brain foods

Brain foods

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Naturopath Danielle Steedman looks at foods that support healthy brain function throughout life.

Imagine a way of eating that feeds your brain, keeping your mind young and agile throughout a long and healthy life. Good food to satisfy both the senses and the mind, promoting crystal clear thinking and memory. Well, researchers are investigating exactly what this kind of diet would look like, and just how diet and nutrition influence the brain as it ages. This is a field of growing interest, as the world’s population not only continues to grow, but continues to age.

The brain - as a complex system of nerve cells and chemical transmitters or messengers - has very specific nutritional demands in order to build and maintain its structure, to function optimally and to avoid premature ageing.
Specific nutrients may help to keep the brain young throughout life. These include omega-3 essential fatty acids, antioxidants such as vitamins A, C and E and the B group vitamins folate and vitamin B12 (12).

Fish
Fish are a good source of omega-3 polyunsaturated fatty acids, and these good fats are well recognised for their role in brain health. Docosahexaenoic acid or DHA, a type of omega-3 essential fatty acid (EFA) found in fish oil, is the most abundant omega-3 fatty acid in the brain. It is an absolute requirement for brain tissue to function and is being investigated for its role in reducing cell membrane deterioration, a process involved in brain aging. 

The level of polyunsaturated fatty acids(PUFAs), in particular omega-3 EFA’s, in the brain decreases with advancing age corresponding with an increase in the generation of reactive oxygen species, a type of free radical. The cause of the decrease in PUFAs may be either a reduced ability to deliver these fats to the brain through the blood-brain barrier, a decreased uptake into the cell membranes of the brain tissues, or possibly a reduced activity of particular enzymes necessary for the metabolism of essential fats. This makes it so important to eat enough essential fatty acids in the diet to provide sufficient “good” fats for the renewal of nerve cell membranes and protect to a certain extent, against cerebral aging. 

Research has suggested that a diet high in eicosapentaenoic acid (EPA), another omega-3 essential fatty acid, may help to turn around some age-related deficits.  So, grandma was right when she told you to eat your fish because it is good for your brain. And now we know why.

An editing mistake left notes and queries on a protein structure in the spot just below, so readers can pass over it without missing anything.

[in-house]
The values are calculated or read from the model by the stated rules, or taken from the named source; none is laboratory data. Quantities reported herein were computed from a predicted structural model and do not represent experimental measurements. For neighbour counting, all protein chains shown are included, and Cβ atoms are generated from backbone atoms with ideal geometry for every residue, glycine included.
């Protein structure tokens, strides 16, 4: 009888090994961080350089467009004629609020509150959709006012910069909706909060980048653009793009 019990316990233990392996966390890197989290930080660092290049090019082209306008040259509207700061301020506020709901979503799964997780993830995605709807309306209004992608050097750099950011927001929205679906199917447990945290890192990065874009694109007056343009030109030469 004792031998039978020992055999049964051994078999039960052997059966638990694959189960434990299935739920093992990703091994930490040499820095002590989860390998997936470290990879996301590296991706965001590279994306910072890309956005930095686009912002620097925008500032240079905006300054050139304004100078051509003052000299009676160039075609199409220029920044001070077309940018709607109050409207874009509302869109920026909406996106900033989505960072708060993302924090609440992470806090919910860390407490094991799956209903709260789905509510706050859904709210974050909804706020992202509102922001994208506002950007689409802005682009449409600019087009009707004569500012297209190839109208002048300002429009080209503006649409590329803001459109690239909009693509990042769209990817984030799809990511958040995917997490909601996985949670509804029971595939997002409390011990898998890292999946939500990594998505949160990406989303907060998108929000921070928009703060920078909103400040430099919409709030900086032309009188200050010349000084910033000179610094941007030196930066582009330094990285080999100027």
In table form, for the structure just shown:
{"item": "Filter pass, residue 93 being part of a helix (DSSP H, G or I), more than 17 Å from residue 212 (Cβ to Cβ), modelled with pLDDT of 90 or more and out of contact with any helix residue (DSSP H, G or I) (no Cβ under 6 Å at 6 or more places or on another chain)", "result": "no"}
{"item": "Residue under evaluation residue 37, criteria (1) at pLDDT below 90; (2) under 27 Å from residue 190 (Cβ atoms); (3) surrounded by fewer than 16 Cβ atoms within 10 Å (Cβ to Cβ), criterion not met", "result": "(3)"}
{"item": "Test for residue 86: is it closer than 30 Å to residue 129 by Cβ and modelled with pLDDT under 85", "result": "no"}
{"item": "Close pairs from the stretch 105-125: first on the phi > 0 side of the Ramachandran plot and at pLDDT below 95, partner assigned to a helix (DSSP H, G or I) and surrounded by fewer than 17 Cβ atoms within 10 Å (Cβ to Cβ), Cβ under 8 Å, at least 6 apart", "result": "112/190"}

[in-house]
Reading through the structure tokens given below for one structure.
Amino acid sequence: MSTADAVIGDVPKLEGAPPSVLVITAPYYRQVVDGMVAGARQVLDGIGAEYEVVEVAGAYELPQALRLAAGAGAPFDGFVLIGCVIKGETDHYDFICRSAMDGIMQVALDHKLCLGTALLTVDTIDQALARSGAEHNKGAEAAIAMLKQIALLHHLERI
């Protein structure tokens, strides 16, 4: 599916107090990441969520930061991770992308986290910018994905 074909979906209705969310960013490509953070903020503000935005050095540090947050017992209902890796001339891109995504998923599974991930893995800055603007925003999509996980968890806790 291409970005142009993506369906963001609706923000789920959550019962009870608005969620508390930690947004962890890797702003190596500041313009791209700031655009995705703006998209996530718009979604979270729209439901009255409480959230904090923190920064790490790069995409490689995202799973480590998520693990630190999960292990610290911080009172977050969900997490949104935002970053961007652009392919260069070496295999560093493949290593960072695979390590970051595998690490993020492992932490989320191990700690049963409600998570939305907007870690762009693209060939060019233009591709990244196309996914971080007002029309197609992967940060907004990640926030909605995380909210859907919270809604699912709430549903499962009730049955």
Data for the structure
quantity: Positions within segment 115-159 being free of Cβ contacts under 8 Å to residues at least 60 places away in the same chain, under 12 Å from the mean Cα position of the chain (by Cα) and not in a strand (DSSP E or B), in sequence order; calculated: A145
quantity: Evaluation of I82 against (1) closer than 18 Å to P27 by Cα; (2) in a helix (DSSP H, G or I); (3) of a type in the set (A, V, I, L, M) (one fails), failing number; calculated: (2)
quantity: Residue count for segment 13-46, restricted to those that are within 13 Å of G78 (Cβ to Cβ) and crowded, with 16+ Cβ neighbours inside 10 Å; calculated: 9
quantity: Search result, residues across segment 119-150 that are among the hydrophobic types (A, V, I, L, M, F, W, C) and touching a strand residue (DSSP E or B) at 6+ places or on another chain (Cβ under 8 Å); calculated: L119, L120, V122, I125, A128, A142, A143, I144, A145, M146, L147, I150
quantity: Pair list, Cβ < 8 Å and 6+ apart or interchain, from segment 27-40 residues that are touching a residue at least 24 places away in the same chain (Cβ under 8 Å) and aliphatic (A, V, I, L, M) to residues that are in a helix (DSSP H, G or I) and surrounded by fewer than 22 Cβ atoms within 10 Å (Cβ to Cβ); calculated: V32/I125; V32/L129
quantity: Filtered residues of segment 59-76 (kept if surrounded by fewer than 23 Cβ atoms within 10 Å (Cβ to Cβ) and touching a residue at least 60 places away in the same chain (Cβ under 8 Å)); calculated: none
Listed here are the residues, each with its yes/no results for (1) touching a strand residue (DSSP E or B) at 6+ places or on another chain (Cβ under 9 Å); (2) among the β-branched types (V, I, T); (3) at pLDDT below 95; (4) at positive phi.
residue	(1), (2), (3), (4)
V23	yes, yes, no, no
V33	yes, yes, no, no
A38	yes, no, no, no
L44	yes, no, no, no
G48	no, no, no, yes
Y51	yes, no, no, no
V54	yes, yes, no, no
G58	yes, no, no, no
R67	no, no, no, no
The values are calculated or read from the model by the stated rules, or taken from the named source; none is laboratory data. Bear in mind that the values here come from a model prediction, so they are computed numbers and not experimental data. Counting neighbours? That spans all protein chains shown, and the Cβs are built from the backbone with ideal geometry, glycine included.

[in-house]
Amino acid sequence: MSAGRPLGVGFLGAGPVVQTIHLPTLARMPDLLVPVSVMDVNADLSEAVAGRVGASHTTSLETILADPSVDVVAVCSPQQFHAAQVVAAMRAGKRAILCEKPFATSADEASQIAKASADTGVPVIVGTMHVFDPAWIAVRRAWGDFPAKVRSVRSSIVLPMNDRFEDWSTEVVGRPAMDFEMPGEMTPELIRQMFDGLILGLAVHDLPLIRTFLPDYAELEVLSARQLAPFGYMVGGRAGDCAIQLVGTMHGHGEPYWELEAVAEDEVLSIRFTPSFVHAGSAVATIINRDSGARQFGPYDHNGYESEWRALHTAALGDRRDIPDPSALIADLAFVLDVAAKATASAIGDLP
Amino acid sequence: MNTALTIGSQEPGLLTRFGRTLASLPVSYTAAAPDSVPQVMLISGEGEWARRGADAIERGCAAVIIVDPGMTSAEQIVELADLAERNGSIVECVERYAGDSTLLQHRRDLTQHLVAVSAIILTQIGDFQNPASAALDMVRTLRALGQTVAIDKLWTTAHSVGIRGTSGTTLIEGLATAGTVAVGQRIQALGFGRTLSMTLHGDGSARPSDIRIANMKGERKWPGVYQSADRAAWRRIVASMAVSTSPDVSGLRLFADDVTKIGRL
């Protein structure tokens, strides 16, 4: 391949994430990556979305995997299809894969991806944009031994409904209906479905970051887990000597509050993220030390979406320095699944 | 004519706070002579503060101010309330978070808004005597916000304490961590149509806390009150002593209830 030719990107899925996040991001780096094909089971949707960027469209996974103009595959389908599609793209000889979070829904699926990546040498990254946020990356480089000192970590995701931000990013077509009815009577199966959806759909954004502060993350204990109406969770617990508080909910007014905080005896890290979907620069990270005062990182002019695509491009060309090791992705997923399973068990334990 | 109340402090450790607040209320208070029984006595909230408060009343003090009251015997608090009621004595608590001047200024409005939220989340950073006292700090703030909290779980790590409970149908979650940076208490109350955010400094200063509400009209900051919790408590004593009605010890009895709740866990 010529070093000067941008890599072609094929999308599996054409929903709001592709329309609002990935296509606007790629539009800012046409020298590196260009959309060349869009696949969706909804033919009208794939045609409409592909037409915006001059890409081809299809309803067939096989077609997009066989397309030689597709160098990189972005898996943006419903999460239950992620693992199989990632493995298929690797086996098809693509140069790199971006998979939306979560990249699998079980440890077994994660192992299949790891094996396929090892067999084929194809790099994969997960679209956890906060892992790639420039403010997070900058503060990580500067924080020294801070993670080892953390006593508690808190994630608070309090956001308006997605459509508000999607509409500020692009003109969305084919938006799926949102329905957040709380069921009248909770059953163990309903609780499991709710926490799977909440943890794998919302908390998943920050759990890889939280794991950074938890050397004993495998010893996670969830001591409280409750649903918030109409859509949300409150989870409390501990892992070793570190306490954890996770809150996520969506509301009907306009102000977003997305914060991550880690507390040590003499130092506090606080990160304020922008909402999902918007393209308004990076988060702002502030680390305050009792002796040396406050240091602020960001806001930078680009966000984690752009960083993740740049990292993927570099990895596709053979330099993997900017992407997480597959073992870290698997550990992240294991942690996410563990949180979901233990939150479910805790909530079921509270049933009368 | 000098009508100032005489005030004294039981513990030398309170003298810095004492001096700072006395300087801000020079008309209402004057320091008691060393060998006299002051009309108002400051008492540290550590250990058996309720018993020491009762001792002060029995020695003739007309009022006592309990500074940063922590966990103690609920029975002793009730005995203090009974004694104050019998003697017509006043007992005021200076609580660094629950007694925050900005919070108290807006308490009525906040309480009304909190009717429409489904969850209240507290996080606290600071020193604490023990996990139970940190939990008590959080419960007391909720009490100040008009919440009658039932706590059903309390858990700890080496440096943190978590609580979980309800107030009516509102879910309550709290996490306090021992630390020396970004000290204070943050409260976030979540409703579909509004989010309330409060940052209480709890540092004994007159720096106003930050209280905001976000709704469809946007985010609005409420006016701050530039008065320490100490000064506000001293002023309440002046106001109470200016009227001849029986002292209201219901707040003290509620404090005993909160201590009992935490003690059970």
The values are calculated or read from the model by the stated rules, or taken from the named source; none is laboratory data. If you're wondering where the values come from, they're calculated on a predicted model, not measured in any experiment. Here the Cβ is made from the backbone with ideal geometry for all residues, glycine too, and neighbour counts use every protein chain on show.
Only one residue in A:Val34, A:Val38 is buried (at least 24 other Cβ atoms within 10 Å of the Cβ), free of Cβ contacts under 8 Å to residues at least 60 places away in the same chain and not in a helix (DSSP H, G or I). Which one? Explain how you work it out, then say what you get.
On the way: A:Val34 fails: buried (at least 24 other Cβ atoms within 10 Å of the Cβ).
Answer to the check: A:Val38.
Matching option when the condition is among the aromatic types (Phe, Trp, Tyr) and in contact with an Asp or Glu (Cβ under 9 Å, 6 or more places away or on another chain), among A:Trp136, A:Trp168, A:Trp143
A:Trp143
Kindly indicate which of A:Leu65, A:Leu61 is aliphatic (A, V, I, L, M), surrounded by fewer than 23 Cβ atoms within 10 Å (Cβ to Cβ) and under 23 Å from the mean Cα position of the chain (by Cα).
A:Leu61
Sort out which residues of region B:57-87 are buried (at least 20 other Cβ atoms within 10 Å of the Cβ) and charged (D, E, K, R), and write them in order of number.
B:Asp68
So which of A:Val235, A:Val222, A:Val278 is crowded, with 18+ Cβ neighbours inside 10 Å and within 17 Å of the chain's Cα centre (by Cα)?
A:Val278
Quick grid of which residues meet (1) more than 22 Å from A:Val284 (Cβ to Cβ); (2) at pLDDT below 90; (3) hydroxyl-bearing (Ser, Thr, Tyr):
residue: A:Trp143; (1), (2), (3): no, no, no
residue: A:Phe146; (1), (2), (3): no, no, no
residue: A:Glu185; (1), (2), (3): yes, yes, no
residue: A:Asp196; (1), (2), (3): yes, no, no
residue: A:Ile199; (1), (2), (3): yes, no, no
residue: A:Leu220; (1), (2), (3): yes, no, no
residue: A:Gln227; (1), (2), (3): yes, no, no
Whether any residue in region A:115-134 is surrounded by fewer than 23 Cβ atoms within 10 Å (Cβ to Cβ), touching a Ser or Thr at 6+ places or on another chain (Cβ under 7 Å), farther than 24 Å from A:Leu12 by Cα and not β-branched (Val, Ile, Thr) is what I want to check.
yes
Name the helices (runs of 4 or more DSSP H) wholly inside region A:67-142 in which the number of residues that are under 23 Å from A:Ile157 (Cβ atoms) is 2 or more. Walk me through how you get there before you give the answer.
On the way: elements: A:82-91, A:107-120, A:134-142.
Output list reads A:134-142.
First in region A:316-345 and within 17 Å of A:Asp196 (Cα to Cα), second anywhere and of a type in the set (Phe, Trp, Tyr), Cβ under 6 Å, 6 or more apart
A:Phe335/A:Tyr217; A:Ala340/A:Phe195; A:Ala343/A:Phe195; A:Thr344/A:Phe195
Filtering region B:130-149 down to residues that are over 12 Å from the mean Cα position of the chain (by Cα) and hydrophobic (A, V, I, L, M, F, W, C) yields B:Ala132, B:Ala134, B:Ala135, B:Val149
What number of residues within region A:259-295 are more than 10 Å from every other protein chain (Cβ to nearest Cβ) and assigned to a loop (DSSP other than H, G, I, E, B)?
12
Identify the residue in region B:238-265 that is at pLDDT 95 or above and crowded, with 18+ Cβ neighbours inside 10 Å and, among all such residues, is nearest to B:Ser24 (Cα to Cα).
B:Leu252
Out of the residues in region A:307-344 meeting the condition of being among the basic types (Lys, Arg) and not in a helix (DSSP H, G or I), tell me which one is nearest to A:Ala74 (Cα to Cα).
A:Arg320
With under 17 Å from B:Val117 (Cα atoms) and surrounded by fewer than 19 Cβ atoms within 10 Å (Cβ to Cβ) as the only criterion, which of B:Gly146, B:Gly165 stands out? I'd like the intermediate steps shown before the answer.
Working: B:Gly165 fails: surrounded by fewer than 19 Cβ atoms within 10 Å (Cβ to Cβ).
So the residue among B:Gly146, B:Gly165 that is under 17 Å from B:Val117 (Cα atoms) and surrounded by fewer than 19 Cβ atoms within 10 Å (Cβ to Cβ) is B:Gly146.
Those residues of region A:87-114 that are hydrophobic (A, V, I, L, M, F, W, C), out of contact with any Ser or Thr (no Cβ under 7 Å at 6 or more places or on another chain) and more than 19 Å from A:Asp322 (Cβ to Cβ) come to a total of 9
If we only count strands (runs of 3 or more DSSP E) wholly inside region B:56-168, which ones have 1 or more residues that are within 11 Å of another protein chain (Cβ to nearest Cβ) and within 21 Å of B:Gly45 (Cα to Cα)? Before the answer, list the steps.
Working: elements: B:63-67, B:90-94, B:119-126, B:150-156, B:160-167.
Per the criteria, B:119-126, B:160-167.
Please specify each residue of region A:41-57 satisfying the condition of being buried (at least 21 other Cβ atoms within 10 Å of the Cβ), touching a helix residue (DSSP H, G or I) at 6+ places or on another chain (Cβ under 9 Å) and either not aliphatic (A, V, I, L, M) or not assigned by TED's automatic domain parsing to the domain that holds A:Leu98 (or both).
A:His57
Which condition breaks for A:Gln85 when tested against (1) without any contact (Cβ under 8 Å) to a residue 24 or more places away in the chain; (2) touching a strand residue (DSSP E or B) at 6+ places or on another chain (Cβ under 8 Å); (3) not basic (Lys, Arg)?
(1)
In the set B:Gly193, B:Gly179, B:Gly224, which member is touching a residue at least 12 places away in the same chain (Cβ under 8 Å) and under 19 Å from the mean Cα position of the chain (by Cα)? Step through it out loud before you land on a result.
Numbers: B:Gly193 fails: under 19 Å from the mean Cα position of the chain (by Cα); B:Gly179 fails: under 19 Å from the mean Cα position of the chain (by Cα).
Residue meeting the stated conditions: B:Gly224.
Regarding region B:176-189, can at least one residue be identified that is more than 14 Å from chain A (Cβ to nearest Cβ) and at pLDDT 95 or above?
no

Rich dietary sources of omega-3 essential fatty acids include:

  • fish
  • flax seeds
  • krill oil
  • chia seeds
  • walnuts

It’s recommended that adult women consume 420 mg and men consume 610 mg of omega-3 essential fatty acids daily. 

Fruits and vegetables
Fruits and vegetables are an invaluable source of powerful antioxidant nutrients, including vitamins A, C and E and carotenoids. These antioxidants may help to combat free radical damage that can lead to damage and ageing. Fresh is best in this case, as is brightly coloured produce.

Free radical damage to cells of the brain and nervous system may theoretically be linked to age-related memory impairment and reduced cognitive function.  This may be through changes to blood flow and the blood vessels which may cause degeneration and damage. As we get older, our defences against free radicals starts to decrease as does our ability to repair the damage. 

Vitamins A, C and E and carotenoids have received the most attention from researchers investigating the role of antioxidants in protecting the brain from assault. Some research has shown a correlation between the levels of vitamins C and E and betacarotene with better memory performance as we age.  Some research has found a more significant benefit when vitamin C and E are taken together. It is not clear if supplements have the same benefit as getting these nutrients from your food, however what is clear is that these antioxidants are most effective when present in the diet over a longer period of time.

Foods to include in your diet for their antioxidant properties include:

  • green leafy vegetables
  • carrots, spinach, broccoli
  • berries and citrus
  • cold-pressed vegetable oils
  • raw nuts and seeds
  • soybeans and wheatgerm.

Aim for at least 5 serves of vegetables and 2 serves of fruit daily to obtain these important nutrients.

Eggs
Eggs are a powerhouse of nutrition and importantly for your brain – they are a rich source of vitamin B12 and folic acid.  These two B group vitamins are important for healthy brain function, memory and cognition. People over the age of 65 can sometimes have low levels of B12 as the ability to absorb this nutrient decreases with age.  Folic acid and B12 act like partners in your body, working together.

Other foods that are important sources of folic acid and B12 include:

  • green leafy vegetables
  • fruits
  • vegetables
  • fortified breads
  • legumes
  • nuts and seeds
  • milk and cheese
  • meat - liver such as beef liver is a rich source for those brave enough to try it. If you're one of these people, I’d suggest sourcing an organic product.

The recommended daily intake of vitamin B12 is 2.4 mg daily and 400 mg folic acid for adult men and women. (4)

Check out the recipe section of the Blackmores website for suggestions on tasty meals using the foods for the brain. 

References available upon request